Friday, July 21, 2006

Is Israel's Strategy Working?

The Age tells of a report from an Italian paper that Lebanese Prime Minister Fouad Siniora has made a dramatic change in policy, and is now demanding that Hezbollah, which he calls "a state within a state," must be disarmed.
HEZBOLLAH has created a "state within a state" in Lebanon and must be disarmed, the country's Prime Minister says.

Fouad Siniora said the Shiite militia had been doing the bidding of Syria and Iran, and could only be disarmed with the help of the international community once a ceasefire had been achieved.

While Siniora is still claiming that a ceasefire must come first, this is a noted move away from Hezbollah and towards the Israeli position.

When Israel first began its aerial attack on Lebanon, I was hesitant as to whether such an attack would be counterproductive to Israel's political aims. Many make the claim that a foreign power attacking a state in the hopes of separating the people from their government so as to inspire them to turn on the government. The counter to this argument, however, was that nationalism would lead a population to "rally round the flag," so to speak, thereby supporting the government, no matter how unpopular it may otherwise be, in response to a foreign aggressor.

In reality, I'm not sure either side is entirely right on this count. As we saw after the first Gulf War, a great number of Shia and Kurds did rise up against Saddam, only to be abandoned by the United States. The result, as told by Kenneth Pollack, was slaughter by the Iraq forces, with the unwitting help of General Schwarzkopf.
[...] at the cease-fire talks after Desert-Storm was halted, the Iraqis asked for permission to fly their helicopters to move personnel and supplies around, and General Norman Schwarzkopf, the commander of the U.S. forces — acting without any instructions but trying to show magnanimity — permitted Iraq to use all of its helicopters, including armed gunships. As should have been expected, the Iraqis began using their gunships to attack the rebels, and the United States could have prohibited the Iraqis from doing so.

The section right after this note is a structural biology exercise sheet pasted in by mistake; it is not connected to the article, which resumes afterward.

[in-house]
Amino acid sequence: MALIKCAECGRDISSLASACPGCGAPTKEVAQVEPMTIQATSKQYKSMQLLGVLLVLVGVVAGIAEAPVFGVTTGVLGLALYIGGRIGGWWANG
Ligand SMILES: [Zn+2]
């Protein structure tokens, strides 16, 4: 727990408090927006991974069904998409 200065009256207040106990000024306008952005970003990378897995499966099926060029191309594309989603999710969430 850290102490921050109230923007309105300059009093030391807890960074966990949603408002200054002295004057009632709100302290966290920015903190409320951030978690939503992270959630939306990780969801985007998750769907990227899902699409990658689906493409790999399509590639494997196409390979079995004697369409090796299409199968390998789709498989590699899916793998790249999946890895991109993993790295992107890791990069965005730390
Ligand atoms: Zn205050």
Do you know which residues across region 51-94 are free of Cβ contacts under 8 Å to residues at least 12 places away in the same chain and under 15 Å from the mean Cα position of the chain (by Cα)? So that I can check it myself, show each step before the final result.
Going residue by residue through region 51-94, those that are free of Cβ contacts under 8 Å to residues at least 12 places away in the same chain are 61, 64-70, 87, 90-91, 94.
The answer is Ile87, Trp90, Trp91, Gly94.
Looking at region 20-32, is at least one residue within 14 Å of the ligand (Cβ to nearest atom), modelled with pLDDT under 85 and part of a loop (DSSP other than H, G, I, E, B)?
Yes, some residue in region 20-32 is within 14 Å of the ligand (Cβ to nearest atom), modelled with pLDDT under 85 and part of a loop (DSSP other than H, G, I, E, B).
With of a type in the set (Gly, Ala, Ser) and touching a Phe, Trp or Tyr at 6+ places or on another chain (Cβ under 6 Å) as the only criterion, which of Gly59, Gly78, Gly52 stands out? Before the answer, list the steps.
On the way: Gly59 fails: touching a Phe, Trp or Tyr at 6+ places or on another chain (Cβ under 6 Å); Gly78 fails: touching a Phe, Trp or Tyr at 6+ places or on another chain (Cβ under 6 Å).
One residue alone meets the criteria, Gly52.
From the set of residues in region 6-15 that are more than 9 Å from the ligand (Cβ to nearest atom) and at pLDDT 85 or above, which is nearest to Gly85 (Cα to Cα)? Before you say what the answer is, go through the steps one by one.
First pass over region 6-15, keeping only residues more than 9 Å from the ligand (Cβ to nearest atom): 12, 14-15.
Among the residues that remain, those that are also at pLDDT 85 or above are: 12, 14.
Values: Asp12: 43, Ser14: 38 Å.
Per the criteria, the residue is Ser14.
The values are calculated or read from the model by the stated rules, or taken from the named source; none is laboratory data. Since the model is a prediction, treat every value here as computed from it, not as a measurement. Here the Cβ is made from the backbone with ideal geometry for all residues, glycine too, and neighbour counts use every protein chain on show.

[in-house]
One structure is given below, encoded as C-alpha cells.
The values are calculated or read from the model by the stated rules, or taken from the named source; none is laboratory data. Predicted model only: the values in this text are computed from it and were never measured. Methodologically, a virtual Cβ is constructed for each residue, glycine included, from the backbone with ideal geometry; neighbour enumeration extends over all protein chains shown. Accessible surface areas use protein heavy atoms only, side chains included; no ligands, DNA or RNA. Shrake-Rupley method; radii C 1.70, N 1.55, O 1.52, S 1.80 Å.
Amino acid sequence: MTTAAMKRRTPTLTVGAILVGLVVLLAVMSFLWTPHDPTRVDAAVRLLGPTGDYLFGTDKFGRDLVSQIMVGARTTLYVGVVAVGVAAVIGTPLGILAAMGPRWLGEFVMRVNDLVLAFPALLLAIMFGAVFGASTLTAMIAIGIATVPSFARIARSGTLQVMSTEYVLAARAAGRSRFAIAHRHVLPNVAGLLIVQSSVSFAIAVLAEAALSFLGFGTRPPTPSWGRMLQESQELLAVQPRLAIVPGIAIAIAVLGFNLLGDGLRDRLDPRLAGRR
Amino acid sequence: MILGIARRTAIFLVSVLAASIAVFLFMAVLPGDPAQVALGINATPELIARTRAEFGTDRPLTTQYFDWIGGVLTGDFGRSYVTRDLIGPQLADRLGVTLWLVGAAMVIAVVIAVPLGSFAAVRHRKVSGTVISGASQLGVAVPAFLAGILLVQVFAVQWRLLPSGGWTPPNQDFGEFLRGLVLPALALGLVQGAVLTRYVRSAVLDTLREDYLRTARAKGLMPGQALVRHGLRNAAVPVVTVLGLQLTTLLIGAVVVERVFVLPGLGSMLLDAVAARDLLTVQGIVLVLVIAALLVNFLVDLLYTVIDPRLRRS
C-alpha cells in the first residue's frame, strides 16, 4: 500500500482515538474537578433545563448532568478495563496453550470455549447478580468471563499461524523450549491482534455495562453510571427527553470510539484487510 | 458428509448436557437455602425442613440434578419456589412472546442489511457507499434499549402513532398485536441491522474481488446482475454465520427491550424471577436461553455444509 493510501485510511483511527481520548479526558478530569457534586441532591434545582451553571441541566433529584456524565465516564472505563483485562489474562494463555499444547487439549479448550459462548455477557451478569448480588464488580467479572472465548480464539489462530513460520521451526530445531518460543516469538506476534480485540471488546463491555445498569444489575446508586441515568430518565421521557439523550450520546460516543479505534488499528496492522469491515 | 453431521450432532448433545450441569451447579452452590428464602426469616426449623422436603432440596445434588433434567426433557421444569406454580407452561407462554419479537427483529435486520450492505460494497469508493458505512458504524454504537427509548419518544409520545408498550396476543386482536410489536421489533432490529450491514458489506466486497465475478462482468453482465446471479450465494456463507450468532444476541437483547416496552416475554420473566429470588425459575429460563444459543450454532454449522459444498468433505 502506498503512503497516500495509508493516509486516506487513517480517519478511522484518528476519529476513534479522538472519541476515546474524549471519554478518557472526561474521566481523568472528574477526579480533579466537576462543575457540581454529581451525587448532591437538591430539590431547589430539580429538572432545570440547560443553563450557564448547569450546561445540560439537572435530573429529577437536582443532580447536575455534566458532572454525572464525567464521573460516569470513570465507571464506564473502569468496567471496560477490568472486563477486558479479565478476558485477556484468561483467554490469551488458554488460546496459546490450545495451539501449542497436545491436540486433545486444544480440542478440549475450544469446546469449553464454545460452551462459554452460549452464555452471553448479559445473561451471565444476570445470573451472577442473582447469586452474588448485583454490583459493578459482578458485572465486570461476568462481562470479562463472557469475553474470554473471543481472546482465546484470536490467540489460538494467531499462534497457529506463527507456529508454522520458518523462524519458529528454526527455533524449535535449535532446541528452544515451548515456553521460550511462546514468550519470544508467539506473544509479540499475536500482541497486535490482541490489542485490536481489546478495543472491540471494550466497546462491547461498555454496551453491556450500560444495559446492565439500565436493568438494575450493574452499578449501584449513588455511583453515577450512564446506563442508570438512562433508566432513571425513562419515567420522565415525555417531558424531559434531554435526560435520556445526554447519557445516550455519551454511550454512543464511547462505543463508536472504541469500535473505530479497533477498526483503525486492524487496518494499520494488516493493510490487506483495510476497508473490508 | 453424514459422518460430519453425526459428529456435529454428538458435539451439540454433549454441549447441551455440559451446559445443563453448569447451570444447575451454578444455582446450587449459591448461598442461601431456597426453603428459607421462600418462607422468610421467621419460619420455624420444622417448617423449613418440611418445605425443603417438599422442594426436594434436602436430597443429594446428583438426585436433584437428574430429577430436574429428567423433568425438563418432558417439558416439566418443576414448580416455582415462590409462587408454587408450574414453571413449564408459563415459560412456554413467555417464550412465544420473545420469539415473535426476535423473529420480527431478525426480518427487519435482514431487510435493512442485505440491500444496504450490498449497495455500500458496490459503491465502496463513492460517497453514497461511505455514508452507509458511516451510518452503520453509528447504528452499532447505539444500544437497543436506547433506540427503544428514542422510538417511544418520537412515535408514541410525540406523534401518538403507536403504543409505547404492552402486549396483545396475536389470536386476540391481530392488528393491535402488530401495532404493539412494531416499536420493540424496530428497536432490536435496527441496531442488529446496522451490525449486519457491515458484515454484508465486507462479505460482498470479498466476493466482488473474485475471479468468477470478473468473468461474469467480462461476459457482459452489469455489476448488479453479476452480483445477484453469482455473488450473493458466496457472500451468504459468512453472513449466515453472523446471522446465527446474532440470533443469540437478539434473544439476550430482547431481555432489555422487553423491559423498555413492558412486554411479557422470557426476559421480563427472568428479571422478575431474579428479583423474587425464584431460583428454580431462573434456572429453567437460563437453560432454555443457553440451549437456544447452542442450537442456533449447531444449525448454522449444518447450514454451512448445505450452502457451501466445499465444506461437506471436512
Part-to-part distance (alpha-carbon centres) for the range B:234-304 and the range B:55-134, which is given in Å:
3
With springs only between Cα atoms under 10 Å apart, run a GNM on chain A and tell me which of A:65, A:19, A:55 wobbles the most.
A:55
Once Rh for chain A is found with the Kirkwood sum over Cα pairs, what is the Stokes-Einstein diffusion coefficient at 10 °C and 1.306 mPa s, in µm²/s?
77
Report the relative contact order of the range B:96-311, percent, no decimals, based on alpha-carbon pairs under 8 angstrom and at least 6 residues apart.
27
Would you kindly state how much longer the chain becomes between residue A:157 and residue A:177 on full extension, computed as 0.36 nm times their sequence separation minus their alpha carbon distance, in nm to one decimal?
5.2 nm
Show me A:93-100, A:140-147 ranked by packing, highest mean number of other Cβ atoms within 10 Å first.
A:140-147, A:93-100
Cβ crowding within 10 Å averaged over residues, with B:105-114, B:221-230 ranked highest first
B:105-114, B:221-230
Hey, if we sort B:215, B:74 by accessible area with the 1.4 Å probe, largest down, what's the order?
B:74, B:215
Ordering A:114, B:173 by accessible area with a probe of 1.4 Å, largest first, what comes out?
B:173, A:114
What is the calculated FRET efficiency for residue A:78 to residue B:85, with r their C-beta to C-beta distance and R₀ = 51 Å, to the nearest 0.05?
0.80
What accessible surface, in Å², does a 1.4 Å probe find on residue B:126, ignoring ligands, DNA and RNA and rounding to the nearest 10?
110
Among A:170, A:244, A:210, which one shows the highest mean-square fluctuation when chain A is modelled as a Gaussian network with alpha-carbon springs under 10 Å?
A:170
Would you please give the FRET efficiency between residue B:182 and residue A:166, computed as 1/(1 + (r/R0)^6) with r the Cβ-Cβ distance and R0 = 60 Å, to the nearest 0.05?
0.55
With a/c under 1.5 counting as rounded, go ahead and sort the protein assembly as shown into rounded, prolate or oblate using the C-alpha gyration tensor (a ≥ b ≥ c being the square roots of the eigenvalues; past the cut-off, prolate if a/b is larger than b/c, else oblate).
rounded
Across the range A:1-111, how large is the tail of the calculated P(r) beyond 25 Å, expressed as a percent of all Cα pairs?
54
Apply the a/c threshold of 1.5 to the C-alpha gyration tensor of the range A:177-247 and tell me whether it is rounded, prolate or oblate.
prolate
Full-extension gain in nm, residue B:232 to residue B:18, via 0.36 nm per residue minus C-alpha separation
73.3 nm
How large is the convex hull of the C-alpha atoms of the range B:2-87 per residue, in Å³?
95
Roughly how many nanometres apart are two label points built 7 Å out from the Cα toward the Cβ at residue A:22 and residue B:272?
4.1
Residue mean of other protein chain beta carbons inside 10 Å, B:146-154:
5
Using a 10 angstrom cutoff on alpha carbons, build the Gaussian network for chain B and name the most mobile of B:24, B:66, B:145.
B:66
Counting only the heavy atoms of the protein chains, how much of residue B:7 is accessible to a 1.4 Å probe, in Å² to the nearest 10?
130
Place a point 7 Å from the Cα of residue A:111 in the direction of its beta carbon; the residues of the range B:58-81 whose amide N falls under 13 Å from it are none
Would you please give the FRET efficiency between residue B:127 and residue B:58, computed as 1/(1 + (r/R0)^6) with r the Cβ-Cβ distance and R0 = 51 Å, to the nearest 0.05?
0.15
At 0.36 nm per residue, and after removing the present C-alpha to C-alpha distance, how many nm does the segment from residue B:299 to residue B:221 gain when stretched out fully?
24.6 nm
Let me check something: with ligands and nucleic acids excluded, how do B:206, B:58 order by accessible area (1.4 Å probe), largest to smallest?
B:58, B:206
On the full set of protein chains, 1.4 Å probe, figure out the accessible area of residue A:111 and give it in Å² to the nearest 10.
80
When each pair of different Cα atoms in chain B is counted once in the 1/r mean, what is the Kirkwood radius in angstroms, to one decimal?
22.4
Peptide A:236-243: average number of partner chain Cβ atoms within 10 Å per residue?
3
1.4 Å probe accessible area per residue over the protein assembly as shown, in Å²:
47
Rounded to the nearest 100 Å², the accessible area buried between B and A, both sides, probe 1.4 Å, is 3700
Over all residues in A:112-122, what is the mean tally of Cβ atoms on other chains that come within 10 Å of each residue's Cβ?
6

Nevertheless, the argument is not as clear cut as its arguments like to argue either, as the backfiring of countless aerial bombardments, blockades and ground invasions, with the only result being increased hostility towards the aggressor, have shown throughout history.

Even without taking Israel's side, world opinion has clearly come down against Hezbollah as the instigator of the crisis. Admittedly, this is a somewhat more complicated situation than those that simply involve two governments and the people of the target state. In some cases, therefore, nationalism could be causing the Lebanese to side with the Hezbollah-skeptic government over the arguably more powerful Hezbollah. At the same time, claims by the usual suspects (which, as I mentioned, I considered myself) that Israeli bombing would turn the Lebanese back to Hezbollah are apparently unfounded. In the end, I suppose whether or not this situation is playing out as the "nationalism as the strongest force" argument would suggest is irrelevant - as long as the result is the weakening of Hezbollah and the strengthening of the Siniora government in Beirut.


Blogger Robert said...

The most interesting aspect of the Hezbollah attack is their lack of success. They've had six years to accumulate weapons and refine tactics. Their rockets have accomplished nothing. Those who say Israel cannot win without going in on the ground do not apply the same logic to Hezbollah, who cannot win by standing off and sending inaccurate rockets. They cannot invade Israel in significant force. They cannot keep the IDF out of South Lebanon. They have been condemned by Saudi Arabia (!). Looks like a loss to me.

10:07 AM  

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